March 19, 2016

Obadiah Sedgwick (c.1600–1658) on Christ Begging Sinners

Sedgwick (a Westminster divine) first describes these sinners in Laodicea as “mere formal people” with “little or no power of godliness at all in them,” or “a company of mere hypocrites, or at least of formal professors” (p. 13). Then he says:
4. They were so provokingly sinful, that Christ’s stomach had much ado to bear with them. He could hardly forbear to spew them out of his mouth, (verse 16). Yet at their doors does Christ stand and knock, He begs at the door of beggars, mercy begs to misery, happiness begs to wretchedness, riches begs to poverty, light begs to blindness, and all-sufficiency begs to nakedness, and beseeches those poor and miserable sinners to take gold from him, those naked sinners to take raiment from him, and those blind sinners to take ointment from him, (v. 18.)
Obadiah Sedgwick, The Riches of Grace Displayed in the Offer and Tender of Salvation to Poor Sinners (London: Printed by T. R. & E. M. for Adoniram Byfield at the Bible in Popes head Alley neer Lumbard street, 1657), 14–15. On page 17, Sedgwick wrote about Christ’s “motions” and  the “indefiniteness of his desire” to save all sinners. Elsewhere he said:
Acts 2.36 Let all the house of Israel know assuredly that God hath made that same Jesus whom ye have crucified both Lord and Christ: yet to these doth Christ (in his Apostle Peter) preach and begs of them to repent and to save themselves, and assures them by promise of pardon if they would come in, see verses 38, 39, 40.
Ibid., 42–43.
And now brethren, have I finished my work on this Text, a Theme of as sweet mercy as ever sinner heard.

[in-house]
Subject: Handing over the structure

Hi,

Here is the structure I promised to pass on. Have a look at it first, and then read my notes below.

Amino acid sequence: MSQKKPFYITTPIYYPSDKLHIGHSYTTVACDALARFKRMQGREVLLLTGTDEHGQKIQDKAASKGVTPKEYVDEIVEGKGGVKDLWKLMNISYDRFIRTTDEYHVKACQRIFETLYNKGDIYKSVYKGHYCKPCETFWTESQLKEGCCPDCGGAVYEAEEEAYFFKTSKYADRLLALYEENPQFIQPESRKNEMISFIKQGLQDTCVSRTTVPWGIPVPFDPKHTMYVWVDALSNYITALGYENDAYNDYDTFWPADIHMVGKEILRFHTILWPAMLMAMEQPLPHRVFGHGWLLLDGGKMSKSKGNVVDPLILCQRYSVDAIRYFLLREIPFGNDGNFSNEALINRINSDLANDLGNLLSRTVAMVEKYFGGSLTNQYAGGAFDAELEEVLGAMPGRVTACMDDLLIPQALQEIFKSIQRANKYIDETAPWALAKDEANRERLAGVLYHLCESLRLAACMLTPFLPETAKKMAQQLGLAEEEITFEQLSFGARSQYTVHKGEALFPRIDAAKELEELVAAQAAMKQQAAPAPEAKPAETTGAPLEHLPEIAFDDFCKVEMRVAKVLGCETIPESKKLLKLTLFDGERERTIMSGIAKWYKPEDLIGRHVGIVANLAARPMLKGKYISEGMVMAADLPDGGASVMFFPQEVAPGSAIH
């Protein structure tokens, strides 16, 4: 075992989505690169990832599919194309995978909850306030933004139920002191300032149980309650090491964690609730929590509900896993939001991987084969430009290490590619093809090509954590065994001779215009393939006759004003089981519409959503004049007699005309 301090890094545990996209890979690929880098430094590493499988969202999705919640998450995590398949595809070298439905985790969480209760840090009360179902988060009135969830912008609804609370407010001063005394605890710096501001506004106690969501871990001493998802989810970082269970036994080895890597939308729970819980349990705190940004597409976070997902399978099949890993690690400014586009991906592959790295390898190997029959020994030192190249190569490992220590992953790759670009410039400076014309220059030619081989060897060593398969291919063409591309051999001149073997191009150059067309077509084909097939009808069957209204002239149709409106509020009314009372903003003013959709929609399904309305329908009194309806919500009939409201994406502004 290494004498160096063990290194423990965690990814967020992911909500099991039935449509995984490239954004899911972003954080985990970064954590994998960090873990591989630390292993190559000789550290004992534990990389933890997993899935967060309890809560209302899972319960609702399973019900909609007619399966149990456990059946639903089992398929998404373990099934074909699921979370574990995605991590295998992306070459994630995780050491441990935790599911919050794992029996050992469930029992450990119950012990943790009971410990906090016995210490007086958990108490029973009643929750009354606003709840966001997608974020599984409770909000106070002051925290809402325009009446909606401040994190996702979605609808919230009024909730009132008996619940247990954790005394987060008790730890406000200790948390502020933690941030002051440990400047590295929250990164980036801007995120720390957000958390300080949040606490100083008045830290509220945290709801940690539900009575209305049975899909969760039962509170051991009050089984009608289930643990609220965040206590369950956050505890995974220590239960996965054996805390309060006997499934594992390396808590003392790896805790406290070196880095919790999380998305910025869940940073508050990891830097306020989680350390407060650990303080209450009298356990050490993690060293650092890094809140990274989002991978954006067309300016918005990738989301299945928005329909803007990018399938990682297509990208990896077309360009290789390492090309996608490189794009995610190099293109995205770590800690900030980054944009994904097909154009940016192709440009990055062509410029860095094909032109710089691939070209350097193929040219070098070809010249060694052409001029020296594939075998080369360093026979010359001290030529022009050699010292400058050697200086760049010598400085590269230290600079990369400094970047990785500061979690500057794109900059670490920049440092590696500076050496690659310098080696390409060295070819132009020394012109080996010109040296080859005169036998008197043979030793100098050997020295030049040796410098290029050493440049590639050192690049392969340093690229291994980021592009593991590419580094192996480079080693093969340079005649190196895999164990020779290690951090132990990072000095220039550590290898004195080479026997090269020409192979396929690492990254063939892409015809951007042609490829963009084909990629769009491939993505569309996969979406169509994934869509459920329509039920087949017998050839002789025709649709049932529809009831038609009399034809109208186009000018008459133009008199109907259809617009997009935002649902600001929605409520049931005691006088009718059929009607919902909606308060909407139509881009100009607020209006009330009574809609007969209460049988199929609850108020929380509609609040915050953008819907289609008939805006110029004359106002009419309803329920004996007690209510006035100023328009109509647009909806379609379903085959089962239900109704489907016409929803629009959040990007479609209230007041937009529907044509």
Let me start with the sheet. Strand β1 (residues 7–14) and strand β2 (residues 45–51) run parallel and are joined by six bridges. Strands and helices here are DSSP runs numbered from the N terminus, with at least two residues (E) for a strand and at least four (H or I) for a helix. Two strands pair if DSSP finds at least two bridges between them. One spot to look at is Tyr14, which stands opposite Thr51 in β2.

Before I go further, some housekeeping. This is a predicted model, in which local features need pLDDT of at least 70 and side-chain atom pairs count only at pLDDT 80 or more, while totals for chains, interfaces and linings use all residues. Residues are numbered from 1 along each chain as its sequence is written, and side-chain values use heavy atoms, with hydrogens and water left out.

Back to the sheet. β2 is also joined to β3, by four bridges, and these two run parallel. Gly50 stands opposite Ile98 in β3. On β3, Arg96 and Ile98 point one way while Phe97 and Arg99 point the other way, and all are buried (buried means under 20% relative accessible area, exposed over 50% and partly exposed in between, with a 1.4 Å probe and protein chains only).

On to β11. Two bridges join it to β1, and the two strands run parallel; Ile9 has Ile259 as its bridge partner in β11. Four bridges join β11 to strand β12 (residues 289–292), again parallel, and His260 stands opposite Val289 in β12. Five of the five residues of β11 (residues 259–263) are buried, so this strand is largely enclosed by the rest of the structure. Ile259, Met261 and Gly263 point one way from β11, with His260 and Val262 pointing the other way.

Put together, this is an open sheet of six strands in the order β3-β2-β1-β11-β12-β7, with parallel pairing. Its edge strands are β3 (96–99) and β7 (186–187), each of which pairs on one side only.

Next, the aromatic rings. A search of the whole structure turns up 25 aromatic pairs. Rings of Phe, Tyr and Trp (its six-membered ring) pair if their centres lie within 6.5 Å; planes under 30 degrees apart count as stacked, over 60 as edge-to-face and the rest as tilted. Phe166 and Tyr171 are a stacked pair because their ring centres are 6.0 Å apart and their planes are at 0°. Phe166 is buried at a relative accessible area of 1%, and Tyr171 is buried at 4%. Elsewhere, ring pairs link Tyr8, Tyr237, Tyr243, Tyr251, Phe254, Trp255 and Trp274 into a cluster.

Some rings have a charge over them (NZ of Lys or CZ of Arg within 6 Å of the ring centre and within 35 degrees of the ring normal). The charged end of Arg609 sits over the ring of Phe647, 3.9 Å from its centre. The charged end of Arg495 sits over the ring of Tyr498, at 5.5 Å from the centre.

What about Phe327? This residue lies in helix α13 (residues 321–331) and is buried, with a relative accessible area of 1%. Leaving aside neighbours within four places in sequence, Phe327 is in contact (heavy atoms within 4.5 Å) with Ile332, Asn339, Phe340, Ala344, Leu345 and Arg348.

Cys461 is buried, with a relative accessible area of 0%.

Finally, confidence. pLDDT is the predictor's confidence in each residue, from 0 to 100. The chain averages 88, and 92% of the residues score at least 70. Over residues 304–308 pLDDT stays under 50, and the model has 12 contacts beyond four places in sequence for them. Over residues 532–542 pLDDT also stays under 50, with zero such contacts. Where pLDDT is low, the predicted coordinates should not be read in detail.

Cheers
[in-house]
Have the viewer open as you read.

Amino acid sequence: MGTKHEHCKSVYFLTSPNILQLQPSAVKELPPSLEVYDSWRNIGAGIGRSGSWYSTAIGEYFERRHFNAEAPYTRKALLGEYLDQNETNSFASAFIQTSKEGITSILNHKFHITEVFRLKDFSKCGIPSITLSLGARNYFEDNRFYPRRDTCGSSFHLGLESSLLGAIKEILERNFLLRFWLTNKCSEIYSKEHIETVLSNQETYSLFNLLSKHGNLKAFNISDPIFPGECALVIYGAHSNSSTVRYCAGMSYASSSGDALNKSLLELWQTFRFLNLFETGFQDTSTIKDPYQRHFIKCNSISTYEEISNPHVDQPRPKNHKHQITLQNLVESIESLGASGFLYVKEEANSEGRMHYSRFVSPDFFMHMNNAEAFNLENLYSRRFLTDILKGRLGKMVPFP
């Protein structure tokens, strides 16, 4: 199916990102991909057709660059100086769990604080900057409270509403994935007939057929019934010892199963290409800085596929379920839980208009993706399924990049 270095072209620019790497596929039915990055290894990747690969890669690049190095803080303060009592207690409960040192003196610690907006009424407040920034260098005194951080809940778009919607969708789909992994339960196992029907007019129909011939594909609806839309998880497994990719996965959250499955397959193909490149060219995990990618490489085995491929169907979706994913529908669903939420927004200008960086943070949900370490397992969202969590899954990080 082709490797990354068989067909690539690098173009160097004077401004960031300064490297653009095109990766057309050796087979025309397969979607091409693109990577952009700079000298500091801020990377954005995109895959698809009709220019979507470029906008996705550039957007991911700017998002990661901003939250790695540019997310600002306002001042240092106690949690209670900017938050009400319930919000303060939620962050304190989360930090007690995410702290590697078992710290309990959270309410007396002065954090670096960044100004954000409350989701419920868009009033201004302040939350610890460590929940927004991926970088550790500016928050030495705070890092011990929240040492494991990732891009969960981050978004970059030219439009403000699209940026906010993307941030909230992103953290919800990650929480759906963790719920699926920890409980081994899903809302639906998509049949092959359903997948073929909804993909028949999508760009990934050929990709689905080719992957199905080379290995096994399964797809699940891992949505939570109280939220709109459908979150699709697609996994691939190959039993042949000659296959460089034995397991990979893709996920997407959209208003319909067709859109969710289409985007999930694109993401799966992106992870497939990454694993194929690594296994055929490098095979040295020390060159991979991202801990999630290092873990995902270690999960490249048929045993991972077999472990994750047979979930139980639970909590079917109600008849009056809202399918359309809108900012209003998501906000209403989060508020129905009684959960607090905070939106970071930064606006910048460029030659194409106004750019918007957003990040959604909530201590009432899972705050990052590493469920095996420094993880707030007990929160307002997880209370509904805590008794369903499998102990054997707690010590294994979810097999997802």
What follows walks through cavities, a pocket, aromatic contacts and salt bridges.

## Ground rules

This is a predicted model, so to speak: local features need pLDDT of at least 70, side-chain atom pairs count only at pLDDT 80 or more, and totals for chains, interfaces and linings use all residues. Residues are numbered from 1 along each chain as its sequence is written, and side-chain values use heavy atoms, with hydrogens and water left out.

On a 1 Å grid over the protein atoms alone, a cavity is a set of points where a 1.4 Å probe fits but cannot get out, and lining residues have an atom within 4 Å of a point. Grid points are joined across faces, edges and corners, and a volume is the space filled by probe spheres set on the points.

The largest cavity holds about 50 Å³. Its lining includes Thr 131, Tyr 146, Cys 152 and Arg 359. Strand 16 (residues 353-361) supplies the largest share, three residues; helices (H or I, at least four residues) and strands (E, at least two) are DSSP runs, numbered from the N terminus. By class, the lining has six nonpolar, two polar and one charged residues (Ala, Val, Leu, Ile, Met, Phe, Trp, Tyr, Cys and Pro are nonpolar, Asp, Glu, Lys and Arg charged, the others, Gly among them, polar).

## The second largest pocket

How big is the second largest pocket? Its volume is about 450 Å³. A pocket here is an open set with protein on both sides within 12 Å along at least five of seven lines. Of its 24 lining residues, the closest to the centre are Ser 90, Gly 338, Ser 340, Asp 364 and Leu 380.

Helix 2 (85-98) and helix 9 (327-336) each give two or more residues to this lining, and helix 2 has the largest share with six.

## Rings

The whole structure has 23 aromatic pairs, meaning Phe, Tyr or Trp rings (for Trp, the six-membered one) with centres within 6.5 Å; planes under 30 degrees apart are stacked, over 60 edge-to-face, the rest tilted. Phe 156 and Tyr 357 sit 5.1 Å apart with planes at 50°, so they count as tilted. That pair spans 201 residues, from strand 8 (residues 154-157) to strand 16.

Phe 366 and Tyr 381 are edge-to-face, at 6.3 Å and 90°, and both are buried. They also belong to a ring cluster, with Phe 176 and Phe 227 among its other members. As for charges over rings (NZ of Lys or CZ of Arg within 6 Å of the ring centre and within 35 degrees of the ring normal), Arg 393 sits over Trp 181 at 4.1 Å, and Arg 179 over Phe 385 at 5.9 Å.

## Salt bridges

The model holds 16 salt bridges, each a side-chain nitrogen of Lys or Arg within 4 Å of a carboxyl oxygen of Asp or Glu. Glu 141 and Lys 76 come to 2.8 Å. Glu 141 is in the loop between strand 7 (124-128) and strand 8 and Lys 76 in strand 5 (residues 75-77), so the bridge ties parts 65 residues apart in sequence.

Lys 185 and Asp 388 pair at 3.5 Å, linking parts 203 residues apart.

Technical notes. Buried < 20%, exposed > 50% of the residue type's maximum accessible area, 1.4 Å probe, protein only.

The Saviour of sinners knocking at the door of sinners; A Saviour begging of that sinner to be saved: Have you opened your doors, or have you not? Will you open them to Christ, or will you not? will you let in Christ and close with him, or will you not? will you accept of communion with him, or will you not?
Ibid., 270–271.

In another book, while expounding on 20 ways in which Jesus Christ is earnest and importunate with sinners to hearken unto him, Sedgwick said:
4. He entreats them to hearken unto him; we beseech you in Christ’s stead, &c. 2 Cor. 5.20. Jesus Christ doth as it were fall upon his knees unto the Sinner, and begs of him to be reconciled to him.
Obadiah Sedwick, The Fountain Opened: And the Water of Life Flowing Forth, for the Refreshing of Thirsty Sinners (London: Printed by T. R. and E. M. for Adoniram Byfield at the Bible in Popes-head-alley, near Lumbard-street, 1657), 403.

He later said:
Christ is thus earnest with Sinners to hearken unto him, because he is Christ. How earnest is the Parent with the untoward child; speaks, entreats, weeps, argues, &c. because he is a Parent; were he not a Christ, he would never thus mind them, nor importune them, but because he is a Christ, therefore he is full of compassion, and full of desires: he regards them, who do not regard him; he pities them, who pity not themselves; he would help them, who need help, but as yet see not their need of his help. Compassions are always earnest.
Ibid., 409.


Other men within the Augustinian tradition who use the metaphor of God begging are the following:

Augustine (Early Church Father), Hugh Latimer (Early English Reformer), Isaac Ambrose (Puritan), Daniel Burgess (Puritan), Jeremiah Burroughs (Westminster divine), Richard Baxter (Puritan), Joseph Caryl (Westminster divine), Thomas Case (Puritan), Stephen Charnock (Puritan), John Collinges (Puritan), John Flavel (Puritan), Theophilus Gale (Puritan), William Gearing (Puritan), Andrew Gray (Puritan), William Gurnall (Puritan), Robert Harris (Westminster divine), Thomas Larkham (Puritan), Thomas Manton (Puritan), John Murcot (Puritan), George Newton (Puritan), Anthony Palmer (Puritan), Edward Reynolds (Westminster divine), John Richardson (Puritan), Samuel Rutherford (Westminster divine), John Shower (Puritan), Richard Sibbes (Puritan), Sydrach Simpson (Westminster divine), William Strong (Westminster divine), George Swinnock (Puritan), John Trapp (Puritan), Ralph Venning (Puritan), Nathaniel Vincent (Puritan), Thomas Watson (Puritan), Daniel Williams (Puritan), Samuel Willard, Benjamin Wadsworth, George Whitefield, Jonathan Edwards, Solomon Stoddard, Samuel Davies, Ralph Erskine, Charles Spurgeon, Thomas Chalmers, Walter Chantry, Erroll Hulse, John MacArthur and Fred Zaspel.

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